Date: Wed, 31 May 2017 19:33:33 +0200 From: Solar Designer <solar@...nwall.com> To: john-users@...ts.openwall.com Subject: Re: other algorithms on ZTEX 1.15y? On Wed, May 31, 2017 at 06:07:56AM -0800, Royce Williams wrote: > Beyond the algorithms either already supported in john or implemented > elsewhere (descrypt, bcrypt, DES), what other algorithms are feasible > or worthwhile on ZTEX? Are you aware of bcrypt already implemented on ZTEX elsewhere? Where exactly? Have you tested? Regarding DES, are you referring to Gifts' implementation? Have you tried using it, or anything else? Maybe we need to add a plain DES cracker mode to JtR, like I think hashcat has now (but not on FPGAs yet). As to our developments so far, after the descrypt-ztex format Denis has also been working on bcrypt-ztex, citing speeds of ~105k c/s per board at bcrypt cost 5 - but this work is yet to be completed and merged. Actual speeds will vary by cracking mode since the current synchronous crypt_all() API combined with the not-so-fast USB interface results in significant idle time when the candidate passwords are fed from the host. On-FPGA mask mode mostly avoids that (and so will an API revision for asynchronous processing, but we haven't gotten around to that yet). > This project is working on WPA2 support, which seems interesting: > > https://github.com/JarrettR/FPGA-Cryptoparty > > From a brief review of the project's files, I infer that SHA1 and > PBKDF2 would be possible on ZTEX. Would they be worth the effort? For PBKDF2 with MD*/SHA-1/SHA-2, it should be possible to obtain GPU-like speeds on ZTEX, roughly like these boards worked for Bitcoin mining (thus, one quad-FPGA board is roughly same as one high-end GPU from 2015 or so). The purpose would be to put these boards to more general use and to achieve better energy efficiency (compared to GPUs). For fast unsalted hashes, good speeds may only be achieved for up to a few thousand hashes loaded for cracking. This is a lot worse than with GPUs, which handle millions. So focusing on PBKDF2 makes more sense. We didn't come up with a good enough idea for a generic password hashing soft CPU yet. My current thinking is that, to avoid bumping into BRAM port count for the register file as we would with instructions doing little work each, maybe we should have different bitstreams for different crypto primitives like MD5, SHA-1, etc. (one at a time) and have those available through very high latency instructions in the soft CPU to allow for full pipelining - thus, 64 cycles latency for MD5, etc. We'd also have a handful of simpler instructions (same or similar in the different bitstreams) for implementing higher-level crypto schemes around the current bitstream's crypto primitive (this way, the same bitstream will be usable for multiple higher-level schemes sharing the same crypto primitive). These would include data copying and control transfer instructions. A tough question is how to combine the extreme high-latency crypto instructions with control flow transfer - do we have like 63 delay slots? SPARC has 1, some DSPs have a few, but I've never heard of an ISA having tens of delay slots. Yet maybe this is the way to go. Meanwhile, or alternatively, maybe we need PBKDF2-SHA* bitstreams. There are many JtR formats that use PBKDF2, so it would have been a primary candidate for implementation on the soft CPU anyway. For NTLM, we could use a soft CPU having an MD4 primitive, but then do we have anything else needing MD4? Perhaps just raw-MD4? That's very rare, and other MD4-based things are probably even more rare. So perhaps a separate bitstream for NTLM as well, or maybe one usable for NTLM and for raw-MD4 (different placement of characters into the current block in on-FPGA mask mode; the rest of the difference can probably be handled on host). LM will need to be its own bitstream, although it could be a revision of the descrypt design. Denis probably has specific thoughts on it. Technically, we could share a bitstream between descrypt and LM, as that's basically different IV (0 vs. non-0), iterations (25 vs. 1), and salt size (12 vs. 0 bits, but we can simply set the 12 bits to all 0's), but this would be suboptimal. Overall, most JtR formats (perhaps 90%+, with exception for scrypt and the like) could be reasonably implemented for ZTEX, but a speedup over GPU is expected for only a few (bcrypt, maybe Lotus/Domino), the required effort is substantial, and there's almost no demand. Alexander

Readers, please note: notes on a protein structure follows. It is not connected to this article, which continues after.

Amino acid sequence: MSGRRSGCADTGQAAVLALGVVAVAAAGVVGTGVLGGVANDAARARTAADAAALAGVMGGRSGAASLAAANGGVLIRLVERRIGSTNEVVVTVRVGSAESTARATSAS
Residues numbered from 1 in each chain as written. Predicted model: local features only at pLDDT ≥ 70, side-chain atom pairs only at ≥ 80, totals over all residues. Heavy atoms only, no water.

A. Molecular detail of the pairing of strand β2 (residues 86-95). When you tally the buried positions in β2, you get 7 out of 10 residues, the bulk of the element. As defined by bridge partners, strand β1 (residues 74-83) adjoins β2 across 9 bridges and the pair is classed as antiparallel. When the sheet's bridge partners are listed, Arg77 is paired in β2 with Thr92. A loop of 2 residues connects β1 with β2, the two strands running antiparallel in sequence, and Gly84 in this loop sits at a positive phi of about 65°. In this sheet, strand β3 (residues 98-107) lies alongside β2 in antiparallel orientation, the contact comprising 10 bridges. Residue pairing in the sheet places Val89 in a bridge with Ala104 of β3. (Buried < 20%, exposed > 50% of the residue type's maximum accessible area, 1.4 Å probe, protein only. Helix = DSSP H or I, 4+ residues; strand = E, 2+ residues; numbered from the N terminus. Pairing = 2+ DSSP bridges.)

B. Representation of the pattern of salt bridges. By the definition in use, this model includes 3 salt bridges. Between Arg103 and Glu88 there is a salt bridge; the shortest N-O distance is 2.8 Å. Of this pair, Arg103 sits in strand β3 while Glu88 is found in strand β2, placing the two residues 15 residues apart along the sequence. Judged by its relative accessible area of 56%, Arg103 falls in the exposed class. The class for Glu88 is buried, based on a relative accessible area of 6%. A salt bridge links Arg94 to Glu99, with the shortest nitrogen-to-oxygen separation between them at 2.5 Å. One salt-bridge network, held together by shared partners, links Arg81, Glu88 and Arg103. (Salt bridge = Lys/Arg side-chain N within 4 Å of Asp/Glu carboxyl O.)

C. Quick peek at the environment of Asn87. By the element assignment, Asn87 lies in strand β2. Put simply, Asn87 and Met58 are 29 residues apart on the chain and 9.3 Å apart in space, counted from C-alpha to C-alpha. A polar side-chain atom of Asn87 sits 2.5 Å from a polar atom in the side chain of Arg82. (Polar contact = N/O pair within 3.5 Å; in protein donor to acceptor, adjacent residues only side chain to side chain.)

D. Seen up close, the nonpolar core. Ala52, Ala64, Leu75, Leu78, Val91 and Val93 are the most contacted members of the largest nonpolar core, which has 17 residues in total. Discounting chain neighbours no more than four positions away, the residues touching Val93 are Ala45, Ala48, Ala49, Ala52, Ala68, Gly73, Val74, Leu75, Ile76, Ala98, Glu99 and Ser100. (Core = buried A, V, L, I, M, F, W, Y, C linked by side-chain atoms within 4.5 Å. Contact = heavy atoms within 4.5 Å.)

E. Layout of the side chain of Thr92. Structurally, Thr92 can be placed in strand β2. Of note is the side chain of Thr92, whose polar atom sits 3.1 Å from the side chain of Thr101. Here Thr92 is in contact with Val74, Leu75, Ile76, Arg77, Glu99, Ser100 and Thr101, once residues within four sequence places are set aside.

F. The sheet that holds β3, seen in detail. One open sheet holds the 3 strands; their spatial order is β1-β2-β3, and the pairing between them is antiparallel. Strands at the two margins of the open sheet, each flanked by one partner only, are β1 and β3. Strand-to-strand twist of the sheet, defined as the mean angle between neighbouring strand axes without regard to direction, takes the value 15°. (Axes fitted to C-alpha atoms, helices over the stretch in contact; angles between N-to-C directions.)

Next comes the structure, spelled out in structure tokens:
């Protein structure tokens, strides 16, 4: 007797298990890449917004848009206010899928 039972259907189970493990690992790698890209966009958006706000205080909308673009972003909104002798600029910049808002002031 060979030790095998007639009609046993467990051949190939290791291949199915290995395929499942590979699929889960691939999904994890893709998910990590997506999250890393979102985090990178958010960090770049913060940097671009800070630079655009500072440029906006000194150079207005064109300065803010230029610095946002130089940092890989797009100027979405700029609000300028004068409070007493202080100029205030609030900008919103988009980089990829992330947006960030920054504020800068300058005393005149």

Powered by blists - more mailing lists
Confused about mailing lists and their use? Read about mailing lists on Wikipedia and check out these guidelines on proper formatting of your messages.